Votes (also called Vod) are a people of Votia in Ingria, the part of modern day northwestern Russia that is roughly southwest of Saint Petersburg and east of the Estonian border-town of Narva. Their own ethnic name is vadjalain. The Finnic Votic language spoken by Votes is close to extinction. Votians were one of the founding people of Veliky Novgorod. The Votic language is still spoken in three villages of historical Votia and by an unknown number of fluent Votic speakers in the countryside. The villages are Krakolje, Peski, and Luuditsa (Luzhitsy). There is a desire to protect and revive the Votic language from extinction.
Votes are the oldest known ethnic group in Ingria. They are probably descended from an Iron-age population of north-eastern Estonia and western Ingria. Some scientists claim they were a tribe of Estonians, who developed a separate identity during isolation from other Estonians. It is speculated the ancient Estonian county of Vaiga got its name from Votians. The Budini, ancient people described by Herodotus, have been identified as Votes. The Kylfings, a people active in Northern Europe during the Viking Age, may have also been Votes.
Earliest literary references of Votes by their traditional name are from middle-age Russian sources, where Votes are referred to as Vod'. They were previously considered Chudes together with Estonians in Russian sources, and Lake Peipus near Votian homelands is called Chudsko ozero, meaning "Lake of Chudes" in Russian.
In 1069 Votes were mentioned taking part in an attack on the Novgorod Republic by the Principality of Polotsk. Eventually Votes became part of the Novgorod Republic and in 1149 they were mentioned taking part in an attack by Novgorod against Jems who are speculated to be peoples of Tavastia. One of the administrative divisions of Novgorod, Voch'skaa, was named after Votes. After the collapse of Novgorod, the Grand Duchy of Moscow deported many votes from their homelands and began more aggressive conversion of them. Missionary efforts started in 1534, after Novgorod's archbishop Macarius complained to Ivan IV that Votes were still practicing their pagan beliefs. Makarius was authorized to send monk Ilja to convert the Votes. Ilja destroyed many of the old holy shrines and worshiping places. Conversion was slow and the next archbishop Feodosii had to send priest Nikifor to continue Ilja's work. Slowly Votes were converted and they became devoted Christians.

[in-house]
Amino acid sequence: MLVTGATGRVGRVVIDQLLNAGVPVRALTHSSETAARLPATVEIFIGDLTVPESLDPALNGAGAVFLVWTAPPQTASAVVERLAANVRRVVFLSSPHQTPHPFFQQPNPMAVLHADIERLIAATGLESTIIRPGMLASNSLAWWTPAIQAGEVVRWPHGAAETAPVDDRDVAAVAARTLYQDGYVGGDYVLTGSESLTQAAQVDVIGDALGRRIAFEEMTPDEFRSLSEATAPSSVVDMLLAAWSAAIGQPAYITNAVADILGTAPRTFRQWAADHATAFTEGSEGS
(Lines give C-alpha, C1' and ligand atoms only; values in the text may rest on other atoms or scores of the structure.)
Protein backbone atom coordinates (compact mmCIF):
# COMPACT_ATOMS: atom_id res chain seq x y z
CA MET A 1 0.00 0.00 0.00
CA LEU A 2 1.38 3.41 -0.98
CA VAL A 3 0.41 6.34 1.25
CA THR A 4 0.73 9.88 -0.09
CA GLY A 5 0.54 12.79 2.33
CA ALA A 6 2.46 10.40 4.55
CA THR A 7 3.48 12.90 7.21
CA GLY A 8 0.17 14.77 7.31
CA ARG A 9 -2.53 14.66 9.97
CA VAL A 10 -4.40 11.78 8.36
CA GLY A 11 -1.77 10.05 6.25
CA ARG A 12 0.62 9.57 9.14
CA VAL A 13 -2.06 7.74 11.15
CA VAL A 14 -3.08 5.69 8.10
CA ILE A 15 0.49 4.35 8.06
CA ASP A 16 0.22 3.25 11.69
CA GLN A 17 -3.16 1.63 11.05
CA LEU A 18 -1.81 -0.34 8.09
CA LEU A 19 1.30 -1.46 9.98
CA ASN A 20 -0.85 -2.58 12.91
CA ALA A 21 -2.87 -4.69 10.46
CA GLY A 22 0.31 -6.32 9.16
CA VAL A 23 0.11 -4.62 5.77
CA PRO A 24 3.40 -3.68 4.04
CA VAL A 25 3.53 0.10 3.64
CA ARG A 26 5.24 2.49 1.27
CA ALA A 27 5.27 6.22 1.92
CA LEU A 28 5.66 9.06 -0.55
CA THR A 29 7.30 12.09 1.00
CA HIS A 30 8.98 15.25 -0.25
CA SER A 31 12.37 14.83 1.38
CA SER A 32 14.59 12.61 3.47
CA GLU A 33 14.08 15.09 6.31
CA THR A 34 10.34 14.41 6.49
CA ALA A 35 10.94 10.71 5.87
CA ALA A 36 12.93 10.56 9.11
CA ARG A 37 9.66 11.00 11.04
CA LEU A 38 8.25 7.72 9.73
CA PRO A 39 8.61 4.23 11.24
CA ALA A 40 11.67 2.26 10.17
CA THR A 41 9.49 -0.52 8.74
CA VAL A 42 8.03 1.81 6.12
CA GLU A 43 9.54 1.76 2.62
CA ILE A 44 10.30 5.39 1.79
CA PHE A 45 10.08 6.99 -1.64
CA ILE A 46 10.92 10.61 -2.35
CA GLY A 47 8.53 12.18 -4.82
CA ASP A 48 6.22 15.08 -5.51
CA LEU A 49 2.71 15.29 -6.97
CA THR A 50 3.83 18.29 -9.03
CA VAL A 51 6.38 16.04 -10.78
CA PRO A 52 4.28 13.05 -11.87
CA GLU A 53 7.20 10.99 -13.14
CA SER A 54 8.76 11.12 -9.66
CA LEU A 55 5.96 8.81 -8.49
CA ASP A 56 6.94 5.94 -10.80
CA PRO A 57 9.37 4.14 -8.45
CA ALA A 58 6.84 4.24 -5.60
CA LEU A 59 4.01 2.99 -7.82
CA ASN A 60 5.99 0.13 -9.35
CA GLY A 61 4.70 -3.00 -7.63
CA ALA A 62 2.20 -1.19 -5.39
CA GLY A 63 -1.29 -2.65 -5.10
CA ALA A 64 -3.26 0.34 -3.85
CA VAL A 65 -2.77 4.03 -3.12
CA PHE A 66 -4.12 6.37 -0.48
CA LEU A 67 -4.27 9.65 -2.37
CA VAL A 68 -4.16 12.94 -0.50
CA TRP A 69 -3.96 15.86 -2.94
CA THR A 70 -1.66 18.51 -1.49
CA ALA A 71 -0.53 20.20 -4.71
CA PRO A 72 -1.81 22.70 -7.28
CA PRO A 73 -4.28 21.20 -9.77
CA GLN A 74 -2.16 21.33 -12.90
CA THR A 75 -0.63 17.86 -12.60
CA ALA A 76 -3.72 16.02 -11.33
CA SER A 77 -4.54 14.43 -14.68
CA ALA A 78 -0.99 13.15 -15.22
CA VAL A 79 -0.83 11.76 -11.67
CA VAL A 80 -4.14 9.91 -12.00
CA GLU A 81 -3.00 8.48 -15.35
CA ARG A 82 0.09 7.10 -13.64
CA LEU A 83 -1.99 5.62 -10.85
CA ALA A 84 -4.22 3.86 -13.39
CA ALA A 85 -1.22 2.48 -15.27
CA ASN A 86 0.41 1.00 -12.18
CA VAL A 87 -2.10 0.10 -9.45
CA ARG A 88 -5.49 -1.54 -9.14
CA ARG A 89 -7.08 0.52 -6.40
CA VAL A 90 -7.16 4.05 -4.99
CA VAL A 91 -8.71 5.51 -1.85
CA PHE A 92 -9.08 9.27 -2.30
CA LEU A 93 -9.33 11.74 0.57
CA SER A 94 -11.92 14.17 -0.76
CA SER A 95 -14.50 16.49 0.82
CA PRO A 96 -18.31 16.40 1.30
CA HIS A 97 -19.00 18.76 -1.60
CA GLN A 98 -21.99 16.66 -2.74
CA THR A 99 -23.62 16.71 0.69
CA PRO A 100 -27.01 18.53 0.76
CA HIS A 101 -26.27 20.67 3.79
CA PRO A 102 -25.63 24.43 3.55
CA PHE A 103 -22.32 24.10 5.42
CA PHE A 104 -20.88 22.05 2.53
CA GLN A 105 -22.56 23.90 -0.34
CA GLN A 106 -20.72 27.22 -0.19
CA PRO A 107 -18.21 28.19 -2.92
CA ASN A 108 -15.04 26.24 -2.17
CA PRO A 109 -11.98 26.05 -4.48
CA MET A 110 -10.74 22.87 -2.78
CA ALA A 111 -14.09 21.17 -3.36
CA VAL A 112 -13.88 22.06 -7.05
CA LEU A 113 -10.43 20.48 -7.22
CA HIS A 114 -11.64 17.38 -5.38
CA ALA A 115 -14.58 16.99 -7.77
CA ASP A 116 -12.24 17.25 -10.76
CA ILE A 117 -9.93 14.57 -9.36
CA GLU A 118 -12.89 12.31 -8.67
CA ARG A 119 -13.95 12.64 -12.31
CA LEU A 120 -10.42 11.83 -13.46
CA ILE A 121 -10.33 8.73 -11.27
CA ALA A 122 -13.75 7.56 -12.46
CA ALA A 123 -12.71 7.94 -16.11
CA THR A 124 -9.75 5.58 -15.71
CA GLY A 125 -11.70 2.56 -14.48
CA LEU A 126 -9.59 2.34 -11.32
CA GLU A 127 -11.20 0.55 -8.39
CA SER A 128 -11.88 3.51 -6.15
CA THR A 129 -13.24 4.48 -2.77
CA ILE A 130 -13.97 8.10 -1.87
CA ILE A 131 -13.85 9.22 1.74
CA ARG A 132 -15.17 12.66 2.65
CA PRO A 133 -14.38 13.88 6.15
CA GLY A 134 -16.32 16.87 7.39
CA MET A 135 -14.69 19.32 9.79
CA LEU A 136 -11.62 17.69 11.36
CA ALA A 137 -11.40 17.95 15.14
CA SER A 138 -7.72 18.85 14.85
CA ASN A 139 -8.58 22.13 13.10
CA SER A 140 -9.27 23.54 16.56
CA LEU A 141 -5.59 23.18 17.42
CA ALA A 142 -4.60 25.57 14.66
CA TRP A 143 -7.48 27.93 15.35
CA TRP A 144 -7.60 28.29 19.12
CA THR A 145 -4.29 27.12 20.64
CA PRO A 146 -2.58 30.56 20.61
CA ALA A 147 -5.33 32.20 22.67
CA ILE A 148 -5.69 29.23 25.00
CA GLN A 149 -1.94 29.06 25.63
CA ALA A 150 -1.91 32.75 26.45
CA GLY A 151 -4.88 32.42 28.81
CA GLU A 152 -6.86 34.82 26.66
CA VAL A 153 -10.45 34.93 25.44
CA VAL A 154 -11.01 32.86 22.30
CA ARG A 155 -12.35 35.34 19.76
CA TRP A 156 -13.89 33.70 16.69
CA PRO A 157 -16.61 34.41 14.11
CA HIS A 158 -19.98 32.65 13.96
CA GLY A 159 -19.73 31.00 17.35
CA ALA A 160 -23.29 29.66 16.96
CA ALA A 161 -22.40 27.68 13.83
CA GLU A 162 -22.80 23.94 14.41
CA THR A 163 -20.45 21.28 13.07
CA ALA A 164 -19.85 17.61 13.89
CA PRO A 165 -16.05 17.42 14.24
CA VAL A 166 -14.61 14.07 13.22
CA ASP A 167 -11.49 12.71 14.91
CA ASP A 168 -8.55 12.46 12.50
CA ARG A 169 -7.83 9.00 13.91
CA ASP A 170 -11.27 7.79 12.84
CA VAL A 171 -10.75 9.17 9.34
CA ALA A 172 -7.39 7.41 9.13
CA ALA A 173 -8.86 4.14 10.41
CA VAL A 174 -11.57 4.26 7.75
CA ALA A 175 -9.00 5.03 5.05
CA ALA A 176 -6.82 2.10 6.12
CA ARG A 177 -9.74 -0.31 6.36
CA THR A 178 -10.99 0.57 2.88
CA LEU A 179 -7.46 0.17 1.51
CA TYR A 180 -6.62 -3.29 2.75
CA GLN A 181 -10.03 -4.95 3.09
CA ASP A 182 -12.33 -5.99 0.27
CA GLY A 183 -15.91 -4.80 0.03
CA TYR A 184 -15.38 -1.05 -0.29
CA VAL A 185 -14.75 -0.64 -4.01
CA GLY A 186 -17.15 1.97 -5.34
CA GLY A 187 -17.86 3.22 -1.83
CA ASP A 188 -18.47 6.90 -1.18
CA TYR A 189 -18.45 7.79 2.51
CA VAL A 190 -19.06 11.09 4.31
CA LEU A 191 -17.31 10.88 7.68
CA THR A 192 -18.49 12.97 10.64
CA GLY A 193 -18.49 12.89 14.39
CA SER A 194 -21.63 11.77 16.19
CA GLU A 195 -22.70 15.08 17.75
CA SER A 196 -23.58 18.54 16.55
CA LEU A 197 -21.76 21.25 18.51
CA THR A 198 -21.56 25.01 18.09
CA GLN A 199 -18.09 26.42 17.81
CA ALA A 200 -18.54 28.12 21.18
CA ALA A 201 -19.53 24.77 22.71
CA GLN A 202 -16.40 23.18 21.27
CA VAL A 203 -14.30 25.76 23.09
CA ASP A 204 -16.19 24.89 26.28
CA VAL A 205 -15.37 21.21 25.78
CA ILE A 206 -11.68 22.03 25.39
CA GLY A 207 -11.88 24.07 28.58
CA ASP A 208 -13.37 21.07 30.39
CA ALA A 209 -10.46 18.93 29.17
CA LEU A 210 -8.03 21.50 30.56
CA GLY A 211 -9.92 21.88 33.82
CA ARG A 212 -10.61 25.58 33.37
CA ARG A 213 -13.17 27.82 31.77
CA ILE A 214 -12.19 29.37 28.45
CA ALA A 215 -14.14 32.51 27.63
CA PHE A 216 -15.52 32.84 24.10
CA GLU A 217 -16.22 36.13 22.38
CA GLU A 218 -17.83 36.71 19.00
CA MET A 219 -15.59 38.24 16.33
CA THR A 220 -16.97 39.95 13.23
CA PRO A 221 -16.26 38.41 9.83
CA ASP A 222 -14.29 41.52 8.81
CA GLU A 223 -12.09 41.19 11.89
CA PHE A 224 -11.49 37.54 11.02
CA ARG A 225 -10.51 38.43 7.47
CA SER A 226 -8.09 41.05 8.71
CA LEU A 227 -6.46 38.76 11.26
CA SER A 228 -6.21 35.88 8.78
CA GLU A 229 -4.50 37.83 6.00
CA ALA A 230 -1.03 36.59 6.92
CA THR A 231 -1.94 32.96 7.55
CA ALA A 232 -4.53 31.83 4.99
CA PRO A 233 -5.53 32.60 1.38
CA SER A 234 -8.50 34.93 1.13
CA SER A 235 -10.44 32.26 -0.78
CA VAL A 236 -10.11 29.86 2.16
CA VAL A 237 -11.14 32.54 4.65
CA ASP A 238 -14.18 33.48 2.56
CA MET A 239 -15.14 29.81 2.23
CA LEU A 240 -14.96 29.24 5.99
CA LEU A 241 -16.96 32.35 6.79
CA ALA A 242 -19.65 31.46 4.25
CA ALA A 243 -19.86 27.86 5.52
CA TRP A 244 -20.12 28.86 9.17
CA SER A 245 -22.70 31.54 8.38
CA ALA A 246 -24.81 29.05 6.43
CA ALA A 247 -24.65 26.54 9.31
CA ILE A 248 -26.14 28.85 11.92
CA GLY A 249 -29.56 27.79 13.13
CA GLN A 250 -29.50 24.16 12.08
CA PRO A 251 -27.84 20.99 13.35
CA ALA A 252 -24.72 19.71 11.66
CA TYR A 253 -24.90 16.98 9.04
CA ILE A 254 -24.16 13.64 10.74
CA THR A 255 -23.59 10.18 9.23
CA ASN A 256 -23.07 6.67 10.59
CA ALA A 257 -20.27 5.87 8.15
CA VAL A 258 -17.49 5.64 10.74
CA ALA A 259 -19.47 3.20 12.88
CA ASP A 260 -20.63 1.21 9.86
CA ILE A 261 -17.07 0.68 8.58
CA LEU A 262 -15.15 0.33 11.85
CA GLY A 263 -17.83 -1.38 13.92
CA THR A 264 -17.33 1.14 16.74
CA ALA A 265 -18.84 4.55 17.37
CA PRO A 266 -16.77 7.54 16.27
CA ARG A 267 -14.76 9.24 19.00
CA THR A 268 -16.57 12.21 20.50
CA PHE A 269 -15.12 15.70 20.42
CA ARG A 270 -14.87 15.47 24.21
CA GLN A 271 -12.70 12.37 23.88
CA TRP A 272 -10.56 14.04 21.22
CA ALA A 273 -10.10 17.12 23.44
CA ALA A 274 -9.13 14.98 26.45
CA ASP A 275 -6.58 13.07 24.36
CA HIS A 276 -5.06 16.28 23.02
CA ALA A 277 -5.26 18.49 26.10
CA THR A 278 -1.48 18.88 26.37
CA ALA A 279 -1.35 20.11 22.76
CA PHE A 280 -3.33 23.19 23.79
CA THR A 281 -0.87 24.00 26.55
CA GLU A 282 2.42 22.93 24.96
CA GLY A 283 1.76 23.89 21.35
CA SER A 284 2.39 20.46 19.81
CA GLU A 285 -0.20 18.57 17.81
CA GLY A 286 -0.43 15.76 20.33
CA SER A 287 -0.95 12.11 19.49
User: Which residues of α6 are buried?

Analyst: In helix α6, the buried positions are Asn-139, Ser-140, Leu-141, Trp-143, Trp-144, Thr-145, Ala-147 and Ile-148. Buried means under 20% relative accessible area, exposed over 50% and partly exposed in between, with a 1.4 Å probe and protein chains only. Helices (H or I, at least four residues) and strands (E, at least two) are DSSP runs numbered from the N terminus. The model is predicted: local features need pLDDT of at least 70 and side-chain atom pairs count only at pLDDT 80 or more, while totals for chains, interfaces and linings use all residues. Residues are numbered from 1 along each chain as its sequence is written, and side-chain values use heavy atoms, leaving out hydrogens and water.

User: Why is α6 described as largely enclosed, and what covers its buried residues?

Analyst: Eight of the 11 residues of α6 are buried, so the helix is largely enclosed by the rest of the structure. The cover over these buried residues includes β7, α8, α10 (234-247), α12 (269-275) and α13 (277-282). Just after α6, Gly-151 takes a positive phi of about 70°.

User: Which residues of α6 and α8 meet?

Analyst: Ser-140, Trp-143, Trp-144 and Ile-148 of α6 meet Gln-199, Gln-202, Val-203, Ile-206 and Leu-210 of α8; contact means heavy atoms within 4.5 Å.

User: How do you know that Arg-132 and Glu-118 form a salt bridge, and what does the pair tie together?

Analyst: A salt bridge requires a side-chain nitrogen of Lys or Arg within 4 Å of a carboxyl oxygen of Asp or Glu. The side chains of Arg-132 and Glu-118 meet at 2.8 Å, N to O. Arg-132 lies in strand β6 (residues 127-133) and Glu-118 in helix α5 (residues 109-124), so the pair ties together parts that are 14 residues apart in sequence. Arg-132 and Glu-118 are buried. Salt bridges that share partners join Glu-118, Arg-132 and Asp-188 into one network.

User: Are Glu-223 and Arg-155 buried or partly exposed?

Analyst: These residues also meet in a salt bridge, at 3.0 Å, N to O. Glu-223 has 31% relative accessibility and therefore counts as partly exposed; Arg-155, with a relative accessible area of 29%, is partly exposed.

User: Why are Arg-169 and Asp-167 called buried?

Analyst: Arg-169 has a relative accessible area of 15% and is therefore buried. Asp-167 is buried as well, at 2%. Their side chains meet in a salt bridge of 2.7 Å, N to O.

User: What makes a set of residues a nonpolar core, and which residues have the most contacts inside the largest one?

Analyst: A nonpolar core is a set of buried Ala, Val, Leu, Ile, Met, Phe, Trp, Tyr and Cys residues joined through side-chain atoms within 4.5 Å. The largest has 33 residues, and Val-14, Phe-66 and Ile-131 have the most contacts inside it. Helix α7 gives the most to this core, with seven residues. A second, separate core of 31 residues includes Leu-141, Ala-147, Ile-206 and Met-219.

Sweden controlled Ingria in the 17th century, and attempts to convert local Orthodox believers to the Lutheran faith caused some of the Orthodox population to migrate elsewhere. At the same time many Finnish peoples immigrated to Ingria. Religion separated the Lutheran Finns and Orthodox Izhorians and Votes, so intermarriage was uncommon between these groups. Votes mainly married other Votes, or Izhorians and Russians. They were mostly trilingual in Votic, Izhoran and Russian. In 1848, the number of Votes had been 5,148, (Ariste 1981: 78). but in the Russian census of 1926 there were only 705 left. From the early 20th century on, the Votic language no longer passed to following generations. Most Votes were evacuated to Finland along with Finnish Ingrians during World War II, but were returned to the Soviet Union later.
As a distinct people, Votes have become practically extinct after Stalinist dispersion to distant Soviet provinces as 'punishment' for alleged disloyalty and cowardice during World War II. Expelees allowed to return in 1956 found their old homes occupied by Russians. In 1989, there were still 62 known Votes left, with the youngest born in 1930. There were 73 self-declared Votes in the 2002 Russian census. Of them 12 lived in St. Petersburg, 12 in Leningrad Oblast and 10 in Moscow. In 2008 Votes were added to the list of Indigenous peoples of Russia, granting them some support to preserving their culture. There have been some conflicts with Votic villagers and foresters, and in 2001 the Votic museum was burned in the village of Lužitsõ. Another possible problem is a port which is being constructed to Ust-Luga. It is planned that some 35,000 people would move near historic Votic and Izhoran villages.
Most Votes were able to speak Izhorian and Russian as well as the Votic language. In fact, Izhorian was more common in every day use than Votic in some villages. Votic was commonly used with family members, while Russian and Izhorian were used with others. Russian was the only language used in Churches. Votes often referred to themselves as Izores, since this term was more commonly known among others. The term came in use when people wanted to make a difference between Lutheran and Orthodox Finnic populations in Ingria.